The itinerary of Dickens tour on this visit was as follows:

Dickens also took the opportunity to sell his books at the lectures during this tour in the city but they soon sold out, as he writes in a letter to his friend John Forster:

They turned away hundreds, sold all the books, rolled on the ground of my room knee-deep in cheques and made a perfect pantomime of the whole thing.

October. Dickens returned to the Philharmonic Hall on the 15th October and gave another two public performances. The itinerary on that day was as follows:

  • October, 15 (Friday). In the afternoon (3pm), Dickens gave a reading of the story of Little Paul from Dombey and Son. In the evening (at 8pm), he gives another public performance, with readings from The Poor Traveller, The Boots at the Hollytree Inn, and the Mrs Gamp episode from Martin Chuzzlewit.

 

1860.

March 24 (Saturday). Charles Dickens visits Liverpool Workhouse to see wounded soldiers returning from India on the ship Great Tasmania.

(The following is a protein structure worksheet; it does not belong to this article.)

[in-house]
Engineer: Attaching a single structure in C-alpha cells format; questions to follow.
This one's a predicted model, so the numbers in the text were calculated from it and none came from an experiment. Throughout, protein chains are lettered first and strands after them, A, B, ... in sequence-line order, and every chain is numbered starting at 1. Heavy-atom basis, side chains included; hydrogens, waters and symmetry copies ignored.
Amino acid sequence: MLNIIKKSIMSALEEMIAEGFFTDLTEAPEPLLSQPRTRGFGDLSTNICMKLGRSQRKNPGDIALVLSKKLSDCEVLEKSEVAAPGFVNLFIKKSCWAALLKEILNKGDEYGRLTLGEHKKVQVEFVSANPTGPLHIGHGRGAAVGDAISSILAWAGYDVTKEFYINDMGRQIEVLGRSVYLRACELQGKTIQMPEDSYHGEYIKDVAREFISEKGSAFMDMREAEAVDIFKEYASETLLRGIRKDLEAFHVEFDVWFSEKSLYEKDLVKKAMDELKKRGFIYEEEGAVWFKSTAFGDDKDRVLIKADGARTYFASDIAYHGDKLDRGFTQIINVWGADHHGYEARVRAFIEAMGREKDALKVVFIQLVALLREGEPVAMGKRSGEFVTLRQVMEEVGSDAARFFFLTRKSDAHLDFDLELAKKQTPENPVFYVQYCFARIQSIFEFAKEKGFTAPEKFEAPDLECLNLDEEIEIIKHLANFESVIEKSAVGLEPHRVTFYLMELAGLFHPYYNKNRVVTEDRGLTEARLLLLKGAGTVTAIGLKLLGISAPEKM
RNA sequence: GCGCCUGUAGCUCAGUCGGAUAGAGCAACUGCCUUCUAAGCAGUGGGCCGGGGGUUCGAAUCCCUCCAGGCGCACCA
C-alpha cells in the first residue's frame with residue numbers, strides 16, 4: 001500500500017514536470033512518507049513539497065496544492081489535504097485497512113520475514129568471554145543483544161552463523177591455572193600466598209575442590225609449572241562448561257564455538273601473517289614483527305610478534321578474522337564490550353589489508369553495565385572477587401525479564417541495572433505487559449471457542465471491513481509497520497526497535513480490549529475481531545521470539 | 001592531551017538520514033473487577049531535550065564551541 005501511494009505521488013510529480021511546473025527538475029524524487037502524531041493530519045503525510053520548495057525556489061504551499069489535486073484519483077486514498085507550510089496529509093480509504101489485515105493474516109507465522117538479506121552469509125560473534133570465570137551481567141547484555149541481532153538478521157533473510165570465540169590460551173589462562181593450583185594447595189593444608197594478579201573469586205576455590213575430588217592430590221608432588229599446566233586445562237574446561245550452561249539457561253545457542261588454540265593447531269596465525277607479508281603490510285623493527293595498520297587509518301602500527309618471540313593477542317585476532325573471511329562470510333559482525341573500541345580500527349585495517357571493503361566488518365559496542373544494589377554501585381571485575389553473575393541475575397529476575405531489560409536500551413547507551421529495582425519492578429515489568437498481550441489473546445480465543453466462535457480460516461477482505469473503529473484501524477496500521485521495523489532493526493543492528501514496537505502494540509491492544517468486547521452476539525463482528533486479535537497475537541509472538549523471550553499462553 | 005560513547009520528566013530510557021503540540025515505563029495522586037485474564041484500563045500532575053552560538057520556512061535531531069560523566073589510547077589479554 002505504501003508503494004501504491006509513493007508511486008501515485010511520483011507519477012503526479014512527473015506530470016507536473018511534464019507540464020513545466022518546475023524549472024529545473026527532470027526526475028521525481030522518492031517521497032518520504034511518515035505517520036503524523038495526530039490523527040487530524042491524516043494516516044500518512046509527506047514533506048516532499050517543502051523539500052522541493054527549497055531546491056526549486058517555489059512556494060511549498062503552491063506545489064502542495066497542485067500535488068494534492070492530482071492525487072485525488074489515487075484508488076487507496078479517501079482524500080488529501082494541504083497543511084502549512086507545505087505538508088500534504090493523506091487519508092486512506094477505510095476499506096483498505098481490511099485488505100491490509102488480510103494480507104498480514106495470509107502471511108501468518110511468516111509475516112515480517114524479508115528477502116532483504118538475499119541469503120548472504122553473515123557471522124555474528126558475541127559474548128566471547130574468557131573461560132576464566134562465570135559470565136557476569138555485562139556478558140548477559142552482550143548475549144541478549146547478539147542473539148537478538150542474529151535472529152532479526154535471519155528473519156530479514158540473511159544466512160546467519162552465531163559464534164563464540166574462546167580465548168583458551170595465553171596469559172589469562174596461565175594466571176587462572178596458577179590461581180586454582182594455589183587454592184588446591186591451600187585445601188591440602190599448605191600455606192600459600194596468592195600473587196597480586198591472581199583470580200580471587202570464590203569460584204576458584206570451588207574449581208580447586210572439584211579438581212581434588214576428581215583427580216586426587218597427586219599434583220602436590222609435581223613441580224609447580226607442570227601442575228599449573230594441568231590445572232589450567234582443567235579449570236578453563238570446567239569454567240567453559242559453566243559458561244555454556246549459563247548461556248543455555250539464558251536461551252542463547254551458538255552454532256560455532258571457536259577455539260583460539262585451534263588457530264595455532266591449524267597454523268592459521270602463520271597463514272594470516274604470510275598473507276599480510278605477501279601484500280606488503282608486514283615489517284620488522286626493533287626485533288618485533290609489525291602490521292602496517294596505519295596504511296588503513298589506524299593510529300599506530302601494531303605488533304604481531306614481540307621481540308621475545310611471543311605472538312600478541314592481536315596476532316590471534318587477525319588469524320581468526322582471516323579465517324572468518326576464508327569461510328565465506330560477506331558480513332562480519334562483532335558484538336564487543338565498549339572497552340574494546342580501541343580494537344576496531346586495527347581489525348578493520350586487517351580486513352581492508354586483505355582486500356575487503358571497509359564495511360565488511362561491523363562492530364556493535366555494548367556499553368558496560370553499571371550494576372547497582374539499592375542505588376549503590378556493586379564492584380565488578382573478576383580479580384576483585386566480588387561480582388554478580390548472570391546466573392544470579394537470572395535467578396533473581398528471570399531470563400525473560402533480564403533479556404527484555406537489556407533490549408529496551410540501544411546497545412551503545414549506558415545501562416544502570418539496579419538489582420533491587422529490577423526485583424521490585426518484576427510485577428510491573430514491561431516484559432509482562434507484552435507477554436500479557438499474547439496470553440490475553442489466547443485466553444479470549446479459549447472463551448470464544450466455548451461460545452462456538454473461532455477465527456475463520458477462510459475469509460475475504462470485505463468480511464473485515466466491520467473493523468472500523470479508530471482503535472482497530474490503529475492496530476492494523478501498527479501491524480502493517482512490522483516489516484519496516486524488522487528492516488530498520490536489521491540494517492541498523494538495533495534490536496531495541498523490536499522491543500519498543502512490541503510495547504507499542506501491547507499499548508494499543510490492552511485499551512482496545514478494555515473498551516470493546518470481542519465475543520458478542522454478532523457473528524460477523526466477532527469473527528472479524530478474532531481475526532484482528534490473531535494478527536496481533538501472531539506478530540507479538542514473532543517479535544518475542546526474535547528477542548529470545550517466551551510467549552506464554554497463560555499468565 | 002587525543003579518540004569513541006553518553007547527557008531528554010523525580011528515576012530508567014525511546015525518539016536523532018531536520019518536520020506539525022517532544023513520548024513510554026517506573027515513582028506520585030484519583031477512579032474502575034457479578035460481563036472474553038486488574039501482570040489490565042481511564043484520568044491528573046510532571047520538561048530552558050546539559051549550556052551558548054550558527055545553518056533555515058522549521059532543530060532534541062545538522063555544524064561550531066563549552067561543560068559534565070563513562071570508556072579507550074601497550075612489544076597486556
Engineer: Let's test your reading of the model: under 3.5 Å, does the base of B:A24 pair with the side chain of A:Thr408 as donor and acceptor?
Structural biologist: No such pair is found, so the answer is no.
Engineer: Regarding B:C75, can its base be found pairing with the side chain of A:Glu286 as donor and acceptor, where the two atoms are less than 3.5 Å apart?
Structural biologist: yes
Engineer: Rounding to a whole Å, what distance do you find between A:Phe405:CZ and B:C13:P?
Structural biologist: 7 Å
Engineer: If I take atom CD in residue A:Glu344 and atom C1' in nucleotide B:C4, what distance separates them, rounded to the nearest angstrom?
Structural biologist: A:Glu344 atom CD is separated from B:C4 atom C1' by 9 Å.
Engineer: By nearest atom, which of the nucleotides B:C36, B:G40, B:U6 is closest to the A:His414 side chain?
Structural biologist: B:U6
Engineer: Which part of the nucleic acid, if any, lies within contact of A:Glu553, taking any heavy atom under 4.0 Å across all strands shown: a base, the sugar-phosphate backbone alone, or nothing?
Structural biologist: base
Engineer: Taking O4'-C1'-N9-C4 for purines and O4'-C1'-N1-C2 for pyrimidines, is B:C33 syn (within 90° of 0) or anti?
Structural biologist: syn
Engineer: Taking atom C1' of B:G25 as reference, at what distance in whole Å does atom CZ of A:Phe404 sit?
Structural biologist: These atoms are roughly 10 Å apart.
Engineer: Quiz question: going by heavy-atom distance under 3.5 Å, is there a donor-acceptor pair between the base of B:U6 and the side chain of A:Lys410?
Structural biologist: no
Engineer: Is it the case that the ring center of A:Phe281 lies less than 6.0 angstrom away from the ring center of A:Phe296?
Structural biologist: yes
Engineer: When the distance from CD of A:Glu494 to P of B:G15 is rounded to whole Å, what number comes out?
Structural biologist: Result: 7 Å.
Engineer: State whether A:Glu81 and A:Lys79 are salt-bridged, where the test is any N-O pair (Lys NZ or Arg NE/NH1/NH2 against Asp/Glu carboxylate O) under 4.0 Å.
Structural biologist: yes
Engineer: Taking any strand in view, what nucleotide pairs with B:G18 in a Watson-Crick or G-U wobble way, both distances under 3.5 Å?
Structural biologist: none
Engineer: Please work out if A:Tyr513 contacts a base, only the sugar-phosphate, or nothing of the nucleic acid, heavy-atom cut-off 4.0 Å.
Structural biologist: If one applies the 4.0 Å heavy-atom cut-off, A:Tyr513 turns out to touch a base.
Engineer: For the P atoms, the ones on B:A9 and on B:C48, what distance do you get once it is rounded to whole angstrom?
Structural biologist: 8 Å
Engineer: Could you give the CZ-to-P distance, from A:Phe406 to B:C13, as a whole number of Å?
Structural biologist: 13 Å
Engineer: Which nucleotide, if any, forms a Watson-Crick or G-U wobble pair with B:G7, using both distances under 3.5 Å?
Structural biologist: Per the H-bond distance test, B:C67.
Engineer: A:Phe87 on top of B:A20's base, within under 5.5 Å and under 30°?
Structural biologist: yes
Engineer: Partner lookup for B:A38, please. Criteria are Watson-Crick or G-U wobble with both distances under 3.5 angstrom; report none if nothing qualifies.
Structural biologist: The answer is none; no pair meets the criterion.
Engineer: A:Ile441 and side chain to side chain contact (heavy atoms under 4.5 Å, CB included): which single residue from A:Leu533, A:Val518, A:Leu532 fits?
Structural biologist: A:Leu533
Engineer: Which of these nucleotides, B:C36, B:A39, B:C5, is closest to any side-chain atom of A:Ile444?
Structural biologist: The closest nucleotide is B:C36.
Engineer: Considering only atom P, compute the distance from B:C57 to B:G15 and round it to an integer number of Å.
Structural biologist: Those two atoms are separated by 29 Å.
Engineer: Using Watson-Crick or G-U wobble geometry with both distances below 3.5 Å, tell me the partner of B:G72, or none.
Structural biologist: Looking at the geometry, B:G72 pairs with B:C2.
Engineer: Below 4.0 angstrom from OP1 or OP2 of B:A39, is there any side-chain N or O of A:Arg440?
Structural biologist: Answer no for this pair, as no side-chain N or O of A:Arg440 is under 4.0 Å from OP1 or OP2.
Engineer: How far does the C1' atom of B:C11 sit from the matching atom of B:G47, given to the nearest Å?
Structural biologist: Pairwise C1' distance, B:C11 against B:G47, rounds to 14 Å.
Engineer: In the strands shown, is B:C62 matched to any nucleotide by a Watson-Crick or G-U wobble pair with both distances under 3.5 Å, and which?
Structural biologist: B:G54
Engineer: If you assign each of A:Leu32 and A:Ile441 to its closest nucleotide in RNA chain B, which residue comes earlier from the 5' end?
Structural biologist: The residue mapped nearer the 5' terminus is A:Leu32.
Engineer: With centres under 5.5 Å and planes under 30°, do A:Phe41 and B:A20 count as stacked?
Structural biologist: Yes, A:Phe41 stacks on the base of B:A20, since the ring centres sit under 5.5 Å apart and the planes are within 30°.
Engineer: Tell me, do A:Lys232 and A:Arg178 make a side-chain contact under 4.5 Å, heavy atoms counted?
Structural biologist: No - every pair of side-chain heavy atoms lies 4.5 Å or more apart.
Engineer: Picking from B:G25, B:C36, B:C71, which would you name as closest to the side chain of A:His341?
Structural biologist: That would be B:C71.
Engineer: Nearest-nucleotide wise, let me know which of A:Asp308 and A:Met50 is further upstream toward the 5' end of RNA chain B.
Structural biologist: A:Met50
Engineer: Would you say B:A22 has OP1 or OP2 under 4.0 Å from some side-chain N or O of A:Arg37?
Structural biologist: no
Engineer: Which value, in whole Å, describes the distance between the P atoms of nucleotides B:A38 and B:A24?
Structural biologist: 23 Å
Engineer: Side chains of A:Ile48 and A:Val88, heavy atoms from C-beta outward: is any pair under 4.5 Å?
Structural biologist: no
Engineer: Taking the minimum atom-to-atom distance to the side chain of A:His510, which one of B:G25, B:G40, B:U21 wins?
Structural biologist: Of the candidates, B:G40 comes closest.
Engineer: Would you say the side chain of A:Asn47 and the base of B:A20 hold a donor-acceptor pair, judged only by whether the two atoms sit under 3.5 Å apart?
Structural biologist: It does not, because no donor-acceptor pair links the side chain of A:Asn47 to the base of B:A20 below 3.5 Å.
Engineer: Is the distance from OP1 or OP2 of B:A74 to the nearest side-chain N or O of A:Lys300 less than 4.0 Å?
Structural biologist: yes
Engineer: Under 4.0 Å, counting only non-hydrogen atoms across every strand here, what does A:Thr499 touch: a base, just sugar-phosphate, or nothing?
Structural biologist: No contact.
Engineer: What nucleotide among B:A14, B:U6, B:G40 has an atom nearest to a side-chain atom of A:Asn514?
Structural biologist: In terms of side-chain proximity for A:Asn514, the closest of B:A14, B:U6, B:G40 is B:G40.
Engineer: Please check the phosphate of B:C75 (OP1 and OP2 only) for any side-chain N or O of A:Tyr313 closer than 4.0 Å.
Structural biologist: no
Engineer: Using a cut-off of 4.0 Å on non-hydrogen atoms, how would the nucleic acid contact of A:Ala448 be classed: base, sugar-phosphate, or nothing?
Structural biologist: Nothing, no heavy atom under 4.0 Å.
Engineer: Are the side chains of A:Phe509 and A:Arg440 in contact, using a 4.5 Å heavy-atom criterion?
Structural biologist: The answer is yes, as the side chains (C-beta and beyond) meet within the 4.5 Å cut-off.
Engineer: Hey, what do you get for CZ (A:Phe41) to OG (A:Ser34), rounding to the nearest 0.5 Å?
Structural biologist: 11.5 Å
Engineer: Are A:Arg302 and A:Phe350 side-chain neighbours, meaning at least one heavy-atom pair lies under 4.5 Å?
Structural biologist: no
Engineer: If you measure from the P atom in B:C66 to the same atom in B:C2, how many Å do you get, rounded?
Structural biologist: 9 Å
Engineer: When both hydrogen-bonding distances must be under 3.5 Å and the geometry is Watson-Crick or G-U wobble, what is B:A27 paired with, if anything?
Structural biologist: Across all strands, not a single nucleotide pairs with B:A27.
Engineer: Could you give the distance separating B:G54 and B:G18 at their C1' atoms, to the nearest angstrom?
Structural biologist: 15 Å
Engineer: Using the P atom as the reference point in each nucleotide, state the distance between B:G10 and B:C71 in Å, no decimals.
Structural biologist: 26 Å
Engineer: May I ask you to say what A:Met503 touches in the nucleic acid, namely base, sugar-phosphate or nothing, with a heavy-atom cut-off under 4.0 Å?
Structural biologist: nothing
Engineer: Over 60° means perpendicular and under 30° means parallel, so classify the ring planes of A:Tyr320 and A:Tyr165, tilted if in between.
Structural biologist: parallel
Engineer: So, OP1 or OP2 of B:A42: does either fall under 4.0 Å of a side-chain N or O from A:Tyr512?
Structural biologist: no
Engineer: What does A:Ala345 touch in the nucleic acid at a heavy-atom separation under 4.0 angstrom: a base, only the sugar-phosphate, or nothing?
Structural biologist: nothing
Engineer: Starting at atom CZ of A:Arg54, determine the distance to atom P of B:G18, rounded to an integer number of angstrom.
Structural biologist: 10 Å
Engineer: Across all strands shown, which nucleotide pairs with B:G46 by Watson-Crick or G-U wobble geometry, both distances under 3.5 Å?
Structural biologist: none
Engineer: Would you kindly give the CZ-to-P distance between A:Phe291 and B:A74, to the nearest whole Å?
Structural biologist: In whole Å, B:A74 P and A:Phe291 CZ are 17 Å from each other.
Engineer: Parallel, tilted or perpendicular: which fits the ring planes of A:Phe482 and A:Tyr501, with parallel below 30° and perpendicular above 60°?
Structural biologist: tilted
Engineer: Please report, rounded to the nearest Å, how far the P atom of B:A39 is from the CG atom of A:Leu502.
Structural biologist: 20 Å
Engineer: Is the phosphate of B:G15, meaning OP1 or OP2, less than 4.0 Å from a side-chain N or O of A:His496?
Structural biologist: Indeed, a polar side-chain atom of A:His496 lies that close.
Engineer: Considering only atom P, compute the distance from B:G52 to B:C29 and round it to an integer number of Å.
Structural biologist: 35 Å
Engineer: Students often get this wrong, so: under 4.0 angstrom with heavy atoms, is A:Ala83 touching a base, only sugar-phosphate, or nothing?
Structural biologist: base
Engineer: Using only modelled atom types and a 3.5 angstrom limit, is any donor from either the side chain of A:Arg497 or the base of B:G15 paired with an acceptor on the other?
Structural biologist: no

A report was published a few days later in the local Liverpool Mercury newspaper reporting that:

Dickens visited at the Liverpool Workhouse the invalid soldiers who arrived from India in the Great Tasmania. Mr Dickens remained for about two hours, and during that time engaged in conversation with several of the unfortunate men, in whose statements he appeared to take great interest.

 

1862.

January. Dickens came to Liverpool in January 1862 as part of a national reading tour and used the Small Concert Room in St George’s Hall, which Dickens thought was ideal for his readings. On that occasion he gave three readings, ‘Bob Sawyer’, ‘David Copperfield’ and ‘Nicholas Nickleby’ he was due to give another three Readings the following day, but feeling unwell he travelled over to Birkenhead to clear his head.